Ps I shall probably visit Morondovia, Fianarantsoa and Tamatave (plus obligatory passes through the capital on my way in and out).

    Thanks in advance.

    Ripple

  4. #1380
    Quote Originally Posted by The Wolverine  [View Original Post]
    Say hi to Ella and the other girls. She lives next to hotel "les philaos"
    Tx for the photos Wolverine

  5. #1379
    Quote Originally Posted by Ripple67  [View Original Post]
    Ps I shall probably visit Morondovia,
    Say hi to Ella and the other girls. She lives next to hotel "les philaos"

    This area is the only place that has a few girls with light brown color. (outside Tana). I did like two types: the mixed tribes of Mahajanga dark but exotic (some arabs / indian blood) and the light brown found in the area of Morondava. (although most are black). Never saw that color elsewhere. Also Morondava area has a solid and hard body as opposed to sambava which has the most inferior body. Ella was a good example for tall girl with a sex bomb body type.

    Internet access was fast in the cities and slow in small towns two and the half years ago. WIFI are easy to find in the cities.

    The left from Diego and the two Right from Morondava."Same Same but different"
    Attached Thumbnails Attached Thumbnails DSC_4524.jpg‎   Morondav.jpg‎   morandava.jpg‎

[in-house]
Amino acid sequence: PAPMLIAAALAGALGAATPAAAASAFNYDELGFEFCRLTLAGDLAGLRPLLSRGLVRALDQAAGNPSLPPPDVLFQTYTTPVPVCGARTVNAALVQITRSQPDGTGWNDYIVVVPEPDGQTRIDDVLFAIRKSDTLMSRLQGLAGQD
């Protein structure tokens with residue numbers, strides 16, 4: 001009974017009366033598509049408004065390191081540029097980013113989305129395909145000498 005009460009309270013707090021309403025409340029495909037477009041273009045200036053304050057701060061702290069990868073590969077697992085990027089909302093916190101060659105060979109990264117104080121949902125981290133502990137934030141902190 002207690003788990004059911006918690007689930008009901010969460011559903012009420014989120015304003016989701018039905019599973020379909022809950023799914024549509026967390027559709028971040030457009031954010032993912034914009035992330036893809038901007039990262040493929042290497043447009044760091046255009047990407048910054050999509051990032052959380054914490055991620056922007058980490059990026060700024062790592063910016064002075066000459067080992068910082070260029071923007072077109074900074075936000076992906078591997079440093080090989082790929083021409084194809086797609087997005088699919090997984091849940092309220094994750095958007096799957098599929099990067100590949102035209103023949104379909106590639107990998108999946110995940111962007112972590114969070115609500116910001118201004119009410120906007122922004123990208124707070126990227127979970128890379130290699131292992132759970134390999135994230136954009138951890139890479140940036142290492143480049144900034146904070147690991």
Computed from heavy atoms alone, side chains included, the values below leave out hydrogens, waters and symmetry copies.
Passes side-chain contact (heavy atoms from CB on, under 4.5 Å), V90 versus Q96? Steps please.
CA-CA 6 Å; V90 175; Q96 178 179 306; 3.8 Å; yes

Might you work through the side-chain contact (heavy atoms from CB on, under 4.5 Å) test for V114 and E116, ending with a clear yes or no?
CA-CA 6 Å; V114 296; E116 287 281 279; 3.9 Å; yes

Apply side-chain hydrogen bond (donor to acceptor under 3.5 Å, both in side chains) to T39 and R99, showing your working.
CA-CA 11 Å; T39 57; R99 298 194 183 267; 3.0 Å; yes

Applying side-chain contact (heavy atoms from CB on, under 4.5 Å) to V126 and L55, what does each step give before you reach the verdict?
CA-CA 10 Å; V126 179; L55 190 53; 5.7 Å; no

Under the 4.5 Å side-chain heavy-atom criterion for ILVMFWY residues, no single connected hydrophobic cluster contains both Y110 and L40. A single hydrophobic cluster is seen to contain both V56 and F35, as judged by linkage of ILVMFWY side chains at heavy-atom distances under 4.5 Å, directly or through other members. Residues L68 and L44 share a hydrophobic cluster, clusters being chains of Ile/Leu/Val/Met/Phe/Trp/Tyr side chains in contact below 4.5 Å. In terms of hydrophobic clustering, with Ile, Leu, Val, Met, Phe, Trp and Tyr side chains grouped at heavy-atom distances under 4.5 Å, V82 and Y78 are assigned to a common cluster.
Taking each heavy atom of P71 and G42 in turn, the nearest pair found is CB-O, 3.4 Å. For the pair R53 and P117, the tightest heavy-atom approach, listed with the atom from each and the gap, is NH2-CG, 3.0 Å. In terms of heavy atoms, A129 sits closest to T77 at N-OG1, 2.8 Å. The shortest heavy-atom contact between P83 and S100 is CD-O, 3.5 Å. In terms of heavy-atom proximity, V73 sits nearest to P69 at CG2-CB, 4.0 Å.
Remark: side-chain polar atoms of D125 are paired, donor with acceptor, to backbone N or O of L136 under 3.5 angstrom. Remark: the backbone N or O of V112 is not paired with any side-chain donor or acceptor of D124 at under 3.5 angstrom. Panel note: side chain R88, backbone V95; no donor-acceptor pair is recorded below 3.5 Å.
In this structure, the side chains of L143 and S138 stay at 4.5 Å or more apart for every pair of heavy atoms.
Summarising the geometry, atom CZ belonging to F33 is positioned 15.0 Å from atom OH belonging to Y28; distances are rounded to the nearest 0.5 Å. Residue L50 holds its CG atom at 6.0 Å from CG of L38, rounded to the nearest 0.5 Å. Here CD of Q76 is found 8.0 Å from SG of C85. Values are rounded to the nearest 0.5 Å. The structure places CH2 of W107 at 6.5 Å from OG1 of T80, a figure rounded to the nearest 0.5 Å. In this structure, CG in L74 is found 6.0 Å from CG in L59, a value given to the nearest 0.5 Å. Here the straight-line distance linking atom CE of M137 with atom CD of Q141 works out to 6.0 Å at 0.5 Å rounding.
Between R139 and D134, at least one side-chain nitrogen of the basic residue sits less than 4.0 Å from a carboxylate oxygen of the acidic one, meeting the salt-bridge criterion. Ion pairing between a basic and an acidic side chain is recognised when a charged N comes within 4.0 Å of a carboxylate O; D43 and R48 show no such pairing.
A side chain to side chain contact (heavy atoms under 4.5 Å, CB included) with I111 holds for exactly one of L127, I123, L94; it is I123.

6. #1378

  7. #1377

    Internet access?

    Hi iam getting to think about a six week trip to Mada this summer. I will be working (some of the time) and do need access to the internet. Ot 24/7 but at least every working day. Looking through the Reports of Distinction about Mada I don't see any comments about this. Whats wi-fi access like in Mada.

    Ps I shall probably visit Morondovia, Fianarantsoa and Tamatave (plus obligatory passes through the capital on my way in and out).

    Thanks in advance.

    Ripple
    Last edited by Ripple67; 05-07-14 at 14:36. Reason: spelling mistakes

  8. #1376
    Quote Originally Posted by GagMaster  [View Original Post]
    I'm arrive Tana 12 June afternoon. Staying 10 days. I do not speak any French.

    So I now need look for other hotel in the 25. 35 us range.